By Edward Tse, CEO of Gao Feng
For a long time, Chinese companies have been known for copying market-proven products, brands and business models from the West and adapting them for the local market with only minor modifications. Such a phenomenon is known as shanzhai, a Chinese term that was originally used to describe a bandit stronghold outside government control. In today’s slang, it refers to businesses based on fake or pirated products.
Shanzhai has been prevalent in China in recent decades and this has earned China the reputation of being a “copycat nation”. Western media report that China’s preferential policies and regulations to restrict market access, such as the the “Great Firewall” in the internet industry, and the lack of intellectual property protection, give Chinese companies an unfair home advantage to create copies.
While shanzhai is common across a range of products and services, it is particularly prevalent in the internet sector. Chinese internet companies are often compared to their Western counterparts based on the similarity of their business models. For example, Baidu is known as the “Google of China”, Alibaba as the “eBay of China”, and Xiaomi as the “Apple of China”, just to name a few.
However, China is quickly becoming a global epicenter for innovation. There are also a number of areas where Chinese companies are ahead of the rest of the world, such as in the emerging industries of internet finance, new social media, artificial intelligence, virtual reality, augmented reality and intelligent transport.
For the first time, Western tech models are being challenged by those from China. And people are beginning to recognise this development. At a technology conference held last year in Beijing, Uber’s founder and CEO Travis Kalanick predicted that in “next five years, there will be more innovation, more invention, more entrepreneurship happening in China, happening in Beijing than in Silicon Valley”.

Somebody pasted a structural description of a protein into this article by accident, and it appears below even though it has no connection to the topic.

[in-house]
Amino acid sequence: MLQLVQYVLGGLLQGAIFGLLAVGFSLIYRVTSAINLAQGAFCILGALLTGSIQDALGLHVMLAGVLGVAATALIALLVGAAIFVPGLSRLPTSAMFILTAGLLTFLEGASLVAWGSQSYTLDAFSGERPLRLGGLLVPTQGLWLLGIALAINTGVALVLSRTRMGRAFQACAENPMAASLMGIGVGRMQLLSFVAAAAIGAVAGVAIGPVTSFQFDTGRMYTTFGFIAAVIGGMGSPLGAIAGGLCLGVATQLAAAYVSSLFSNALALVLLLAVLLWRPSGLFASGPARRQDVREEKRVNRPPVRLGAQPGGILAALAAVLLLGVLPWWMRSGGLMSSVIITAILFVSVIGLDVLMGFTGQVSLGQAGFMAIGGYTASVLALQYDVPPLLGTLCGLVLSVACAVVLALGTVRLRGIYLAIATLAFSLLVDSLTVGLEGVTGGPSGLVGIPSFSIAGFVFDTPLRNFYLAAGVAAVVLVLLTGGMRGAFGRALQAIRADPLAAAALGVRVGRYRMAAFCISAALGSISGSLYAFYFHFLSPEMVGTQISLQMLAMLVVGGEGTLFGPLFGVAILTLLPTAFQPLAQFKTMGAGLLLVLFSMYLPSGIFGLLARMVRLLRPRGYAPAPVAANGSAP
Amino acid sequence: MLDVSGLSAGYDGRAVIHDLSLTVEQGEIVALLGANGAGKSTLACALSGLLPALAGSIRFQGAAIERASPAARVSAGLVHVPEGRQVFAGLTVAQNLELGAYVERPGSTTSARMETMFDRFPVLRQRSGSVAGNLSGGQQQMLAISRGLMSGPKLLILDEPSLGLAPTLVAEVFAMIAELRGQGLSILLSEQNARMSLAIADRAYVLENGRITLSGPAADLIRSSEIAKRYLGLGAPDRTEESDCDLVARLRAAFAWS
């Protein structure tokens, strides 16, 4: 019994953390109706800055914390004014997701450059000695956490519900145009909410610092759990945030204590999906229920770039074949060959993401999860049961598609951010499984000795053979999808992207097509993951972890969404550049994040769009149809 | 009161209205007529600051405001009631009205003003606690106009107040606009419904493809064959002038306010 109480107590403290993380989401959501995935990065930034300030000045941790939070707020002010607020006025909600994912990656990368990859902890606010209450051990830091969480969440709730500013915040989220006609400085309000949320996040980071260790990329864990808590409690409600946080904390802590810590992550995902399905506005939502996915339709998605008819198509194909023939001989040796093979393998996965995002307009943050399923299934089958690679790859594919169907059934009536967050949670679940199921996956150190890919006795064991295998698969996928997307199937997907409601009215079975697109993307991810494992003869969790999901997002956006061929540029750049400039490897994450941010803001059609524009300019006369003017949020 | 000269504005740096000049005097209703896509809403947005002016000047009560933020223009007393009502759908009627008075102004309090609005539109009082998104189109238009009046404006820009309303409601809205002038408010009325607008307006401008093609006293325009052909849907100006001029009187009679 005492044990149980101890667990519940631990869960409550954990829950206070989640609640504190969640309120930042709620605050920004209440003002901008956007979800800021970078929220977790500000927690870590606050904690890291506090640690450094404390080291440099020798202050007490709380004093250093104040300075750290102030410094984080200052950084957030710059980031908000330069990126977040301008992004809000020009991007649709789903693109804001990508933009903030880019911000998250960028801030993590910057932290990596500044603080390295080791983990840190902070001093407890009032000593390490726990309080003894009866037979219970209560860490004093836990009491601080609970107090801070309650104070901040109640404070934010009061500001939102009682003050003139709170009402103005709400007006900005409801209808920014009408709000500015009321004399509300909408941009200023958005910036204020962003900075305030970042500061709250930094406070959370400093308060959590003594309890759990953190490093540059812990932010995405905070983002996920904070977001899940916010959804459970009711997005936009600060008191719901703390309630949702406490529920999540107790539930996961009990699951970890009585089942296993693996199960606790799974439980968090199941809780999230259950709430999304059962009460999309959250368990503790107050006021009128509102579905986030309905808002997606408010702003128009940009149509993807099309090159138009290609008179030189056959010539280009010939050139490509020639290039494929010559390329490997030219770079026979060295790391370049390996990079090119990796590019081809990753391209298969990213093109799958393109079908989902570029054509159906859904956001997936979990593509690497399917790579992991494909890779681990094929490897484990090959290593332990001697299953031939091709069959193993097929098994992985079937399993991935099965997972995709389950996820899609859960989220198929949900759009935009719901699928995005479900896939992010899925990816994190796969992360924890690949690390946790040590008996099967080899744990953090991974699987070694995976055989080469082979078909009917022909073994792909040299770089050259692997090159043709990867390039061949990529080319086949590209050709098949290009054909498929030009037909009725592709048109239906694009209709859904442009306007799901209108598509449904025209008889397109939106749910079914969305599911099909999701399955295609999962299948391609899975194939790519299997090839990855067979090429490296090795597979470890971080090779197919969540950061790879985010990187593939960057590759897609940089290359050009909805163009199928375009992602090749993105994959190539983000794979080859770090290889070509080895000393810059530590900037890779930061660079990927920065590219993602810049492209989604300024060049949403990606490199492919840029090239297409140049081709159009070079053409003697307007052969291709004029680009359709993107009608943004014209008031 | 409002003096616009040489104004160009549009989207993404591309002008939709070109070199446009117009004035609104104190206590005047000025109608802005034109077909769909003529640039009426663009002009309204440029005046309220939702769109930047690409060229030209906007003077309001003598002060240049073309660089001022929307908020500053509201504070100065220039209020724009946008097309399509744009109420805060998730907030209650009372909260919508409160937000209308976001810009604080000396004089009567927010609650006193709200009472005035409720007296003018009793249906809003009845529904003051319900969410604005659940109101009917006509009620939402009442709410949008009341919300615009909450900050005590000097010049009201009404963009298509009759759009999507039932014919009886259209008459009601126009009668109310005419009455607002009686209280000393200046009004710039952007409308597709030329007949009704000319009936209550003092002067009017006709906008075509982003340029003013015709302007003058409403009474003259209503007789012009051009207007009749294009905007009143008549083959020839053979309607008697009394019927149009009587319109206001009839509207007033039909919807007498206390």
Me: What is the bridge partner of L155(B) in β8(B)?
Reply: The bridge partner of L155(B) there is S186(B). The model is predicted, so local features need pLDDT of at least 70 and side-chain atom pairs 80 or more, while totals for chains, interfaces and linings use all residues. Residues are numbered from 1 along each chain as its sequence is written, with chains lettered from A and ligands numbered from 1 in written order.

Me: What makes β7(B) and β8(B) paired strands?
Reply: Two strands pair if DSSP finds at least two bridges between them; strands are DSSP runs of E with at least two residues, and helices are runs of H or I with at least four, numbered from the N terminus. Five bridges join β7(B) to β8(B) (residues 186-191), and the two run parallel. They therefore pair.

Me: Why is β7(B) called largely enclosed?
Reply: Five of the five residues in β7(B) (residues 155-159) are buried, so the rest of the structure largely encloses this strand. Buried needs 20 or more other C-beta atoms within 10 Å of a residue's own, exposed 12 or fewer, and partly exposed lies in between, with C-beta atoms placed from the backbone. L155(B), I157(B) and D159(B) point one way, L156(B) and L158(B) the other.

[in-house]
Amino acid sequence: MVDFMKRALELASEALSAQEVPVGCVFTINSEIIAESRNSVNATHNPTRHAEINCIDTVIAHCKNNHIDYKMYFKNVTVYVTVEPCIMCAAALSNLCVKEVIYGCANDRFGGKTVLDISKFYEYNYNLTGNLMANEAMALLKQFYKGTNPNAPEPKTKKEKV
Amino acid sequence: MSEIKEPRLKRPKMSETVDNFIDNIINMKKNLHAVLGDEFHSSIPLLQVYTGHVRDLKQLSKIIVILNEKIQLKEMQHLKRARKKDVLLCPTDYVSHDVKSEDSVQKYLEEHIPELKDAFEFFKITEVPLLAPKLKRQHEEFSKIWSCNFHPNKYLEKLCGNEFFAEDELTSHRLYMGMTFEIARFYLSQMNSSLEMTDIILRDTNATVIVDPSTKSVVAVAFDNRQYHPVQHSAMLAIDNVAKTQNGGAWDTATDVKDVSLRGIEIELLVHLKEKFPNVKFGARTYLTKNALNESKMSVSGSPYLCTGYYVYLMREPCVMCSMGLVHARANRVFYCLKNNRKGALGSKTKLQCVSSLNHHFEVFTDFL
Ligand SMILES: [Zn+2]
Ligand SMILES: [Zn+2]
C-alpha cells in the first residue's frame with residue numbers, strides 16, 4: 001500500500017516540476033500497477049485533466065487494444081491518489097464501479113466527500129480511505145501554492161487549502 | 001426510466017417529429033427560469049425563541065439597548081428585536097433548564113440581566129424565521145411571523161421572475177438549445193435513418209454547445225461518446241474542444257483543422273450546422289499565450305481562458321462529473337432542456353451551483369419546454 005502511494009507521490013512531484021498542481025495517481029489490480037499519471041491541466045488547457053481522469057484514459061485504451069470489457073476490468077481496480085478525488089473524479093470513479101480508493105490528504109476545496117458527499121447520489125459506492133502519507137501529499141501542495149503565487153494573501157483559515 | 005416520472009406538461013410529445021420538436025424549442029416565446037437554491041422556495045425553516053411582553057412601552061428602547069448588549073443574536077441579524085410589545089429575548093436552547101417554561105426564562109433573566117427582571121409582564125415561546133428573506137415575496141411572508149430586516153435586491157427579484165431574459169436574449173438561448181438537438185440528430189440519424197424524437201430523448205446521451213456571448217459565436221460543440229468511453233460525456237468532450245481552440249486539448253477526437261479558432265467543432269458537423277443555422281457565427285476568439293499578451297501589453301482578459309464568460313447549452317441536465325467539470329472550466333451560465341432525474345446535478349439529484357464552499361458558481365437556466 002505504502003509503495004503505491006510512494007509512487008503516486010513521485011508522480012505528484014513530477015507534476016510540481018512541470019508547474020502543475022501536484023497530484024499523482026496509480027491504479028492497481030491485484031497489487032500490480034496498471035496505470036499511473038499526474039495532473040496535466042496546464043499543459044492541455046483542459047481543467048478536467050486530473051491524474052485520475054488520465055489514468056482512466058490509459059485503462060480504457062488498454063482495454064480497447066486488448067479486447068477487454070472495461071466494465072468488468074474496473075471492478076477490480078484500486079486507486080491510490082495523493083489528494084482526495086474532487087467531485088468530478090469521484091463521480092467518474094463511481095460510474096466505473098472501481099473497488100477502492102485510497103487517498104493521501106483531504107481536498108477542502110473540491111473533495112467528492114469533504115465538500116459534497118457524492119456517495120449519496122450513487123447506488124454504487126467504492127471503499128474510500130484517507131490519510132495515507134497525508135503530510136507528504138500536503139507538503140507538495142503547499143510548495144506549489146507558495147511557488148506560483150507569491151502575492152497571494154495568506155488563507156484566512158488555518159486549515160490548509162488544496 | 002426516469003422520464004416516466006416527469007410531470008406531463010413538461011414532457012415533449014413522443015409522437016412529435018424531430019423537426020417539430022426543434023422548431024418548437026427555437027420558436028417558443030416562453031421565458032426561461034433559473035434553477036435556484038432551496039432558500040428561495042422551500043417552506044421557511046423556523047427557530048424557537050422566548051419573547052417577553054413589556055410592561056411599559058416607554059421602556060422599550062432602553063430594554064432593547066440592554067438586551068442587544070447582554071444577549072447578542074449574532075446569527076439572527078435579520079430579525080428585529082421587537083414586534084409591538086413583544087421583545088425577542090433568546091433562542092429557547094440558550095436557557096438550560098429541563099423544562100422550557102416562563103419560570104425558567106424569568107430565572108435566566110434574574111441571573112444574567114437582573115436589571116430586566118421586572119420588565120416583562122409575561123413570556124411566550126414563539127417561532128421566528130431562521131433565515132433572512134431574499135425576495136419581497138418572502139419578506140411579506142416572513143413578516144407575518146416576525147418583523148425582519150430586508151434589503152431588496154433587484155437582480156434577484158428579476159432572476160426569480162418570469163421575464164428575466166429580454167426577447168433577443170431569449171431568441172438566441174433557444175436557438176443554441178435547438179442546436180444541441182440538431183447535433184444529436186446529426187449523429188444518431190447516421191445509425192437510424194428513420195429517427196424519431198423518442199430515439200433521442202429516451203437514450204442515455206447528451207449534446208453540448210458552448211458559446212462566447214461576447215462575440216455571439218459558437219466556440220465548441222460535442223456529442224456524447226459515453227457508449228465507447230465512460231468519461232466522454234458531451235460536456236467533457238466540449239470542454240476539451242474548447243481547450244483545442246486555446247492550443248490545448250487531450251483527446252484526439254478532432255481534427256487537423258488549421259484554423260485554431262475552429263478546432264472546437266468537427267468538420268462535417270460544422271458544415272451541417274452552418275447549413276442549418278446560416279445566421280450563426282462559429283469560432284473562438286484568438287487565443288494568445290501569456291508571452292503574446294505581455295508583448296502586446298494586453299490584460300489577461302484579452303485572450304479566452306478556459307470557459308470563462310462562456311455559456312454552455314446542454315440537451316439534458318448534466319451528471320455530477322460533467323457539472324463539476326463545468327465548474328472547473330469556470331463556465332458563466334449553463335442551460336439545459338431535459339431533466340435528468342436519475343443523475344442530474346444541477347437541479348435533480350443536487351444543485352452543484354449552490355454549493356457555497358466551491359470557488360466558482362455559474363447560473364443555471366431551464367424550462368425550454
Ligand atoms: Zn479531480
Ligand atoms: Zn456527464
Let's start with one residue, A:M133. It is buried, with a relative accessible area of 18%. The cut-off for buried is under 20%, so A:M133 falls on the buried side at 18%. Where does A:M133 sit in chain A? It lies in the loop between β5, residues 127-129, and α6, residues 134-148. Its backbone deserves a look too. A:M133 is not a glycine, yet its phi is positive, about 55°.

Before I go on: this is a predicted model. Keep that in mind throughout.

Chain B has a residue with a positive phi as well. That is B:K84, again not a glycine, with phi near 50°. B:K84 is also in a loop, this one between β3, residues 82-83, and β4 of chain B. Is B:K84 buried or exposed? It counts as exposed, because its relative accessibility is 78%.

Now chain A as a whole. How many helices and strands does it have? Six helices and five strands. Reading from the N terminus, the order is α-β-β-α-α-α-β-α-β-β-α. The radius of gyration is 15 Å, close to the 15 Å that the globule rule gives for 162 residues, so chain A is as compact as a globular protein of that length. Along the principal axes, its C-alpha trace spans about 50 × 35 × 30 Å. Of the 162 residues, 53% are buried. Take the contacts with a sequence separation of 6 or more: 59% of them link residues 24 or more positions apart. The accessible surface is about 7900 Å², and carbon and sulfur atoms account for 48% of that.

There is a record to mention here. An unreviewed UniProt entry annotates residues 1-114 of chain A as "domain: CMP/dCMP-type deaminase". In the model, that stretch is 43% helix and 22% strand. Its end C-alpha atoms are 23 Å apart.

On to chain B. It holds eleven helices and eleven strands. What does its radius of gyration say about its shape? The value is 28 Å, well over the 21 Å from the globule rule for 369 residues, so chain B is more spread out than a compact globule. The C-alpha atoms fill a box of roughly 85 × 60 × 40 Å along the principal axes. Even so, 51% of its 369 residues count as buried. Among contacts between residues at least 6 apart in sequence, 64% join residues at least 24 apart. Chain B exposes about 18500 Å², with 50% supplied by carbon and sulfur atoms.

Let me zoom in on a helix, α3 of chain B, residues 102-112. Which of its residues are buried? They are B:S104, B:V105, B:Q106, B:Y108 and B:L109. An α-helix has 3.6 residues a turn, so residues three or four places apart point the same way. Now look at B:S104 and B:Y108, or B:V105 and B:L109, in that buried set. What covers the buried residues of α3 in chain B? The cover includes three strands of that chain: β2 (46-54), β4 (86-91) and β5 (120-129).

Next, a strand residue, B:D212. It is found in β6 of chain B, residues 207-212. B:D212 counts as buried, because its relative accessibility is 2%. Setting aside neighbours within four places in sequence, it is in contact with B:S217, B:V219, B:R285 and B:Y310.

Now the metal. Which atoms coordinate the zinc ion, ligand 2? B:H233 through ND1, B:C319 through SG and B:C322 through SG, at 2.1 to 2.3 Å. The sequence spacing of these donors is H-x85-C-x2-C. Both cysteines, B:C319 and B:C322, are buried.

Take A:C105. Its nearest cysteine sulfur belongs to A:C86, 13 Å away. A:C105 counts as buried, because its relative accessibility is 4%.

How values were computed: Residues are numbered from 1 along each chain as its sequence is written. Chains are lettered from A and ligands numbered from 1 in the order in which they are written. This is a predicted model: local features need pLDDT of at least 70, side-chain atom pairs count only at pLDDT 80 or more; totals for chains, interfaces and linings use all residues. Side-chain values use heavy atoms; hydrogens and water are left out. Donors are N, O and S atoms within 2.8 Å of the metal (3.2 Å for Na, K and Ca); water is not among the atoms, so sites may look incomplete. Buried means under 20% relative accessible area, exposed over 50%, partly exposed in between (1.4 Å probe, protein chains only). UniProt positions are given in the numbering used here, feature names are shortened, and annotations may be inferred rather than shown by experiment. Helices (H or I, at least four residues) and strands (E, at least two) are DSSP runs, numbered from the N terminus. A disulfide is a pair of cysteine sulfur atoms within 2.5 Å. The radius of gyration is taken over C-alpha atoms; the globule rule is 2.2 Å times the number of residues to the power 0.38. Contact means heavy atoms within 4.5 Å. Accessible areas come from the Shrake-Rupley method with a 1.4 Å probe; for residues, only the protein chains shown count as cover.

In the post shanzhai era, China will see a proliferation of business models and innovations. Some companies in the rest of the world are beginning to “reference” Chinese companies, especially in the tech sector. We call this phenomenon “reverse shanzhai”.
Tokopedia, Indonesia’s No 1 e-commerce platform, markets itself as the Taobao of Indonesia. “I really like how visionary Jack Ma is,” said William Tanuwijaya, Tokopedia’s co-founder, who adopted Alibaba’s business model after research.
Snapdeal, dubbed the “Alibaba of India”, is a top e-commerce company in the country. Before launching their platform, Kunal Bahl and his partner Rohit Bansal visited China in 2011 and noticed that the Indian market had more in common with the Chinese market than with the market in the US. They realised Alibaba’s platform strategy would solve India’s biggest issue: aggregating India’s millions of small brands and sellers.
The same happened in Nigeria, where e-commerce website Konga.com was originally launched as a local Amazon at the beginning of 2014, only to morph a few months later into the “Alibaba of Africa”. And this trend is not limited to e-commerce. Indian entrepreneur VIjay Shekar Sharma, an admirer of Jack Ma, modelled his company Paytm after Alibaba. The company, seen as the “Alipay of India”, has raised fresh funding from Ant Financial.
Yet, “reverse shanzhai” is not simply “copy and paste”. The recent struggles of the likes of Xiaomi and LeEco have shown that some Chinese companies still lack experience to sustain their business beyond borders. Often, one cannot simply transfer Chinese business models to another market without any adaptation. As Tokopedia’s Tanuwijaya put it: “Chinese e-commerce is a source of inspiration, but it is not a format that can be simply imposed on any market. You have to grow it from within.”
The trend of “reverse shanzhai” will be increasingly prevalent internationally, as China’s innovation and entrepreneurship continue to thrive.
The world should take notice.